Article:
Now we have a comfortable body, and we have a still body.
3. The third step is awareness of the breath. Of all the instruc- tions given about meditation, the most important one is to remember the connection between one’s consciousness and the breath. Breath awareness can transform meditation from an experience of a quiet mind to a life-changing event.
Every time you sit in meditation, the beginning should be the breath awareness. Take a moment to watch your breath, feel- ing the breath as it comes into your lungs and as it goes out. This is the point at which the timer starts. Unless instructed otherwise by a specific meditation, the breath should be even and normal. The breath should not be deeper or shallower than your breath is when not in meditation (so it is helpful to notice how your breath is in the course of your daily activities).
Be the observer of the movement of your breath. Feel as if the breath is a pendulum that swings inward and outward. Make the breath smooth, without any pauses or hitches. Make the breath feel round, even at its outer edges, as it rises and falls naturally. Now we have a comfortable, still body with breath awareness.
4. The fourth step is for those of us who at this point have a sudden rush in our minds about all of the things we must do that need our attention. I suggest that you begin the medita- tion with a pen and paper next to you, and at this point, list all the needs or stresses, letting yourself know that these will be addressed after the meditation is complete. Here again, we are engaging the will by taking charge of how the next period of time will unfold.
Some people find this step unnecessary, and many do it only as they’re learning to meditate. However, I have a friend who is a rabbi in his eighties who experiences ecstatic meditation, and he still uses this technique.
The mind has rhythm, and the rhythm of the mind is slow to change. Many people expect that when they sit down for meditation, they will go immediately into an altered state. The actuality is usually quite different. You may remember the first time you tried to ride a bicycle, ski downhill, or drive a car. It seems as if it should be easy, and for some people, it really is. But for most of us, it’s a slow process of learning and practice.
Often when people are learning to meditate, their minds ac- tually speed up during meditation, creating a rhythm that is somewhat uncomfortable. This is just one of many reasons why people end up believing they can’t meditate or that it doesn’t work for them. It helps in the beginning phase if we understand why the mind does this.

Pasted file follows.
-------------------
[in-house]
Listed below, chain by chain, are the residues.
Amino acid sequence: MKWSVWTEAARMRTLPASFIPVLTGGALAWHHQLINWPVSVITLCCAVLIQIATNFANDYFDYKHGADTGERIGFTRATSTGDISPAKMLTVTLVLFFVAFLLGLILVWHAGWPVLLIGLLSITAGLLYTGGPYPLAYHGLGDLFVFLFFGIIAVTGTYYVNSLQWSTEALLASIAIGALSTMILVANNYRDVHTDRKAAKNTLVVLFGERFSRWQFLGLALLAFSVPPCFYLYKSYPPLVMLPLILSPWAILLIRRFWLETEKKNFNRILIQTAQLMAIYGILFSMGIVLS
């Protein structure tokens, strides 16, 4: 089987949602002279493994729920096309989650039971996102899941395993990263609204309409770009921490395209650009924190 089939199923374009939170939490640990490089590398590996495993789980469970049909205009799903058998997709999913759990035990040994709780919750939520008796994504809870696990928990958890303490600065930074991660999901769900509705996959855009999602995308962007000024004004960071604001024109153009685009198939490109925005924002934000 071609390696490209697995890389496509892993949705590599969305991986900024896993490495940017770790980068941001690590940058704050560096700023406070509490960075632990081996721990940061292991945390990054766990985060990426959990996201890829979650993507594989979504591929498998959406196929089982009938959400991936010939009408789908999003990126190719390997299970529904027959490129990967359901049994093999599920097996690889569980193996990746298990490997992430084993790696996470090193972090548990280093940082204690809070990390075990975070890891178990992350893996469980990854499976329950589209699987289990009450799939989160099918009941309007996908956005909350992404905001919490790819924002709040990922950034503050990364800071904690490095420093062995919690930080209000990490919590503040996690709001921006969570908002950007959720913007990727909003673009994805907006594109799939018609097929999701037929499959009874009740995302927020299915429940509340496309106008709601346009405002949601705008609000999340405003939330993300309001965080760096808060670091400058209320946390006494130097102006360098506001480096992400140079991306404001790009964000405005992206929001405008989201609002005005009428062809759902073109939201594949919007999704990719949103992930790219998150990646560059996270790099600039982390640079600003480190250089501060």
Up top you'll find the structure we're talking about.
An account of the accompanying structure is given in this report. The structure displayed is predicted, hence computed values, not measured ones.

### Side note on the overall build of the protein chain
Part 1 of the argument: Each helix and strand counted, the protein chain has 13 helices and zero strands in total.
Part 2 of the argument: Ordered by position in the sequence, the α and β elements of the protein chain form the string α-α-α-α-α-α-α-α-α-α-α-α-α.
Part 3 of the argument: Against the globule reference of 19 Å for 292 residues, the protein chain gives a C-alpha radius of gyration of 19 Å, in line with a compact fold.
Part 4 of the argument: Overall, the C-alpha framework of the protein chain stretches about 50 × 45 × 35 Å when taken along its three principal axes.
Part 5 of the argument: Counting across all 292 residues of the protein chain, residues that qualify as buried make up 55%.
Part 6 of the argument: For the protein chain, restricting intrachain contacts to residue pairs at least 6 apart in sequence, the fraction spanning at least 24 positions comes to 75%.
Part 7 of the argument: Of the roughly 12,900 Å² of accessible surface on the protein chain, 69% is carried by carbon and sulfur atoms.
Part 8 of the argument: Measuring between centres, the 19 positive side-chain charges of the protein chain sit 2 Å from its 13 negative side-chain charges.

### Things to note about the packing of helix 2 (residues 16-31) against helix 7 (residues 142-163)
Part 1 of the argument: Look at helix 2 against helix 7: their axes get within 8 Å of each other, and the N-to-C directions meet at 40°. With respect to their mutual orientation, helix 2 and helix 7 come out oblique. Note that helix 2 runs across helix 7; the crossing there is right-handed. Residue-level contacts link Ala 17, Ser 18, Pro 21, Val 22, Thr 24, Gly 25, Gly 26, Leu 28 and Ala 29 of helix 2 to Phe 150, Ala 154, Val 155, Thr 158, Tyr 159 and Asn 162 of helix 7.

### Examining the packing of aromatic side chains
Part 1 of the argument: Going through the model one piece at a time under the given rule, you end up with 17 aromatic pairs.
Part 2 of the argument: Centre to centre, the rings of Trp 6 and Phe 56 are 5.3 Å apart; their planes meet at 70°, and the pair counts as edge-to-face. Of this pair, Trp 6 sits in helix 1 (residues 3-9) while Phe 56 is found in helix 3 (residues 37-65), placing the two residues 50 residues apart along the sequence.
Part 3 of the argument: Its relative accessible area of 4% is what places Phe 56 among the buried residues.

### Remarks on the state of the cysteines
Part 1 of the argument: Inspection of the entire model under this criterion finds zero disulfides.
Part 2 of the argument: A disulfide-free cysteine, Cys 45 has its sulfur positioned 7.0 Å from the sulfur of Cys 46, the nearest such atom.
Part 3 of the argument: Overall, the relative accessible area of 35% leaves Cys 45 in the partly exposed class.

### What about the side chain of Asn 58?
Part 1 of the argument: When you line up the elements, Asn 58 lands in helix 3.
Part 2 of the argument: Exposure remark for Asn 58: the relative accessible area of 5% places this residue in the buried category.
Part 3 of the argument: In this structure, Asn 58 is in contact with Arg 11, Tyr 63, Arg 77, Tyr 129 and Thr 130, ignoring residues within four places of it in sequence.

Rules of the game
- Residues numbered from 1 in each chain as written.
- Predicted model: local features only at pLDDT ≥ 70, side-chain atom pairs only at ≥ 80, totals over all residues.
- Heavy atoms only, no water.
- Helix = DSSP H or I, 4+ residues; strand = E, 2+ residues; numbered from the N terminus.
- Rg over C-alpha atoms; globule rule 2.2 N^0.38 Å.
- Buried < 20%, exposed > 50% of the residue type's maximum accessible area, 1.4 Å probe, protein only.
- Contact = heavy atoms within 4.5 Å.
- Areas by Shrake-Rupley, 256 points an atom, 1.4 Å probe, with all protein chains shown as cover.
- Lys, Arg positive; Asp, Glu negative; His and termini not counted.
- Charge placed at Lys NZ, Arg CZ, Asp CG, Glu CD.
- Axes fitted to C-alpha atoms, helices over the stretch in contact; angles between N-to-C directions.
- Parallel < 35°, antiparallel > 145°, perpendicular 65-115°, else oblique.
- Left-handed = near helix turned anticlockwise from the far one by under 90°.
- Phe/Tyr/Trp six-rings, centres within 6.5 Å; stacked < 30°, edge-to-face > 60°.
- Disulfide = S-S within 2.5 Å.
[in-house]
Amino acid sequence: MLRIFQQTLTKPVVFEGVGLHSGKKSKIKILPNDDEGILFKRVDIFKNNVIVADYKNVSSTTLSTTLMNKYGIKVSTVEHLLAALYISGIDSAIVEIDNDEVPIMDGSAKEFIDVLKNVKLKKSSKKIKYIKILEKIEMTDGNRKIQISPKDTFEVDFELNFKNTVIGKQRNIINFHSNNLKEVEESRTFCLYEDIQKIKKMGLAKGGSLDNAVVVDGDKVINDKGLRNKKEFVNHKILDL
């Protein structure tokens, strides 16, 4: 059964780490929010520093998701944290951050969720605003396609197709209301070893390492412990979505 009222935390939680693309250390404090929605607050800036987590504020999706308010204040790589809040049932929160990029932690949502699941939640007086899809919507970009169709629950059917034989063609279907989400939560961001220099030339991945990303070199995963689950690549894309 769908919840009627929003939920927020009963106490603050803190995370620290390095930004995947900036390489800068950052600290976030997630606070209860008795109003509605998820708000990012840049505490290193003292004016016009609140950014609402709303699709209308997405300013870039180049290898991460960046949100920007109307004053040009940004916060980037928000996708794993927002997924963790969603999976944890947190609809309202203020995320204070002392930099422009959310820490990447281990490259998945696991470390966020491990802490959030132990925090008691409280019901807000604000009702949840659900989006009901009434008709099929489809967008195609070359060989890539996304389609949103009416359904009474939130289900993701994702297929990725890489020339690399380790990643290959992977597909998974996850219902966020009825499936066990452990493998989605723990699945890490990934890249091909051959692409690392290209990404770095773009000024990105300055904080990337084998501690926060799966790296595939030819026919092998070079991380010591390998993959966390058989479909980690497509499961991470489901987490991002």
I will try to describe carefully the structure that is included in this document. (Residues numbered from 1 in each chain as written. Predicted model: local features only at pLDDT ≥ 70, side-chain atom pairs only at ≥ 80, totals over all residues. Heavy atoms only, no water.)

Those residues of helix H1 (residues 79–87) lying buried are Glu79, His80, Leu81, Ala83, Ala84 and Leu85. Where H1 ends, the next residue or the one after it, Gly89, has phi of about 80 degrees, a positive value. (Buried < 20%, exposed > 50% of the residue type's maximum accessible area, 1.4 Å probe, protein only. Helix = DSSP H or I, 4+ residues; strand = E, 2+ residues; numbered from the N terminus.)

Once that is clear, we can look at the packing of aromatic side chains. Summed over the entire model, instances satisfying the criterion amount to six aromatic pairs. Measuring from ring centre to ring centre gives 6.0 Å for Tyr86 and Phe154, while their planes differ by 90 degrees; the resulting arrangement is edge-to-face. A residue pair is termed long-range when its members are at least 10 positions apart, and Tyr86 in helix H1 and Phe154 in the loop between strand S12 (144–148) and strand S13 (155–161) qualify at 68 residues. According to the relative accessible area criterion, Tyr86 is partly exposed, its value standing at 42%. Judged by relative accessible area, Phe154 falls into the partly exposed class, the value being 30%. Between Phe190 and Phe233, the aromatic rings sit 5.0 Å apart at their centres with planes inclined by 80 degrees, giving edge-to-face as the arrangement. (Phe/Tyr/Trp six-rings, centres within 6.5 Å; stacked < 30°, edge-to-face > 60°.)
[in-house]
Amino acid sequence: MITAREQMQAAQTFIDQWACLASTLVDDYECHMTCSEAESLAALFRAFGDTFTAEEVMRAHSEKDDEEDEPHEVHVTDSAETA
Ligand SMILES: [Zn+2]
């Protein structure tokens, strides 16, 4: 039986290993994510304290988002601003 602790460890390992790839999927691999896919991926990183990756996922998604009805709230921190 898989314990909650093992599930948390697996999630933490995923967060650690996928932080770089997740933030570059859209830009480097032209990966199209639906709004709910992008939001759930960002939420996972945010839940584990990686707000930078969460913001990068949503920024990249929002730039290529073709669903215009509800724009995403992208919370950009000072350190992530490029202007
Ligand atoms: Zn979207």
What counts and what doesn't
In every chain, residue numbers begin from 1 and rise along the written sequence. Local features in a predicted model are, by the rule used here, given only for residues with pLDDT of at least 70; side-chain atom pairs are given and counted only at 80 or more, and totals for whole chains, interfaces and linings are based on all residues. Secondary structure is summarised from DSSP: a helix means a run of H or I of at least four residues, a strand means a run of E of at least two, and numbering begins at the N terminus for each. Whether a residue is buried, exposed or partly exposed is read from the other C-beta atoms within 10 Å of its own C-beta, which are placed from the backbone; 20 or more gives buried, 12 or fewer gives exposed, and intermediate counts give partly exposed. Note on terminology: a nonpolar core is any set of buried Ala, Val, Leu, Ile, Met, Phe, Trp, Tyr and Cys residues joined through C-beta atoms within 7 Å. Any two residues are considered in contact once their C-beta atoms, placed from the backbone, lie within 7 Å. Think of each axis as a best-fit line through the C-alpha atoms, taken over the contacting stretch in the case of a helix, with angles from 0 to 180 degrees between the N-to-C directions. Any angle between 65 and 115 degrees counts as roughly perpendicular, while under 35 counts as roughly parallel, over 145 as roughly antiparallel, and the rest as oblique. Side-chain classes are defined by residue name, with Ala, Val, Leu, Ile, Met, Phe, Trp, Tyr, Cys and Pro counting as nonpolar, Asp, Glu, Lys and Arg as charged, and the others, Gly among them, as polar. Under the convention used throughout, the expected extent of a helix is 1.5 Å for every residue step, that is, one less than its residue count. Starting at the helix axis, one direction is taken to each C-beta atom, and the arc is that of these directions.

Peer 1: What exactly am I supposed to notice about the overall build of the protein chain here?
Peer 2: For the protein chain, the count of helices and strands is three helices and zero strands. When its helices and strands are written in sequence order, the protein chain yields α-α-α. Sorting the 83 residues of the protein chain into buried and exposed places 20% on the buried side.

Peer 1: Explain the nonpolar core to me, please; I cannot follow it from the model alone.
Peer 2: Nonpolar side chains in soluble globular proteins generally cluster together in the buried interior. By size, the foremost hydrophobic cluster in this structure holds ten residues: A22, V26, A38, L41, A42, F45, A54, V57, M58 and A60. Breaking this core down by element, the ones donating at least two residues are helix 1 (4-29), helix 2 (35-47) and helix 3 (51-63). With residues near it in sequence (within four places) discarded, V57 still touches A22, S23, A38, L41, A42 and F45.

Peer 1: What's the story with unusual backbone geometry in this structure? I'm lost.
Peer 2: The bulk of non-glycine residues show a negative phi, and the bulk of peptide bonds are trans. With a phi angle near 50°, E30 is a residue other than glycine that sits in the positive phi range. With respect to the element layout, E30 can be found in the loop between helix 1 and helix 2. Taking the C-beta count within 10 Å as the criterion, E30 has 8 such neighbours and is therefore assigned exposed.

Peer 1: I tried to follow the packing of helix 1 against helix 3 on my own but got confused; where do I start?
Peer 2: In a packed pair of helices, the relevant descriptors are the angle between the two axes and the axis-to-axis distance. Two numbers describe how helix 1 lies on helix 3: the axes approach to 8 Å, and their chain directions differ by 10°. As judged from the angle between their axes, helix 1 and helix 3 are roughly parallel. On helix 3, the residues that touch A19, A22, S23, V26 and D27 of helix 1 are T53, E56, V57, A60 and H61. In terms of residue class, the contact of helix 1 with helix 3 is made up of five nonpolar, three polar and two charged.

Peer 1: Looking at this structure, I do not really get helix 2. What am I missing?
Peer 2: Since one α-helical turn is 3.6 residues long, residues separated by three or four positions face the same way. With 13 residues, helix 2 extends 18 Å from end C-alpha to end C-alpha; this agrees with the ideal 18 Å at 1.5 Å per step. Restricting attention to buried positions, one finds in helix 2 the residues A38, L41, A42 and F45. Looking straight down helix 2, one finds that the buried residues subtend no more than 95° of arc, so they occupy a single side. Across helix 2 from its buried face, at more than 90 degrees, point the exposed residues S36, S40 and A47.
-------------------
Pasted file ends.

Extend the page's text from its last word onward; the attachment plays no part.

There are two reasons that the mind initially increases its activity when we are learning to meditate. The first is that the mind is not accustomed to experiencing moments with- out external stimulation. The second reason is that when we meditate, we focus our attention on the mind, and the mind is used to being the instrument that is doing the focusing. In other words, the mind is not accustomed to being looked at; it’s used to being that which does the looking. In its discom- fort, it creates more mental energy—increases its rhythm— in the effort to use the act of thinking to resolve this new and unfamiliar condition.
Initially, it might seem difficult to expend the necessary ef- fort to train the body. However, all of the effort will be re- warding to both the body and mind when deeper and quieter states of awareness are experienced. The human body is the temple of the universe, but every temple, even the universal ones, must be built from a strong foundation.
How long should you meditate? Meditation of any length is better than no meditation. If you only have five minutes, it is better than none at all. Ideally, twenty minutes in the morning and twenty minutes in the evening is a minimum. But since we don’t live in an ideal world, if you can only make space for fifteen minutes in the morning and nothing in the evening, then do that. As you become more proficient in meditation, longer and longer periods of meditation will naturally occur.
Initially, the way to train the body to be still is to start with very short periods of time, three or four minutes. Each week, add a minute or two or more if you have no difficulty in keeping the body still. Build up to twenty minutes.
There is an old story that coffee was discovered by prac- titioners of meditation who would often fall asleep in the midst of their meditations. This shows us that the problem of sleeping through meditation has been around for a while. Many of the meditations in this book offer the mind enough stimulation to stay awake and enough evenness of mind to experience peace. If you find yourself frequently drifting into sleep during meditation, make sure you are getting enough rest in the night, and do your meditation in the morning, when it is easier to stay awake. Also it must be noted that meditation relaxes the mind of some people who cannot normally relax, so the few minutes of sleep experienced in meditation can be quite beneficial.
When you are sitting comfortably, remember these steps:
- Gently lift the chest
- Gently shift the shoulder blades toward the spine, and relax the shoulders
- Gently draw the chin slightly back, so that you feel the back of the neck lengthen
- Slightly incline the chin toward the chest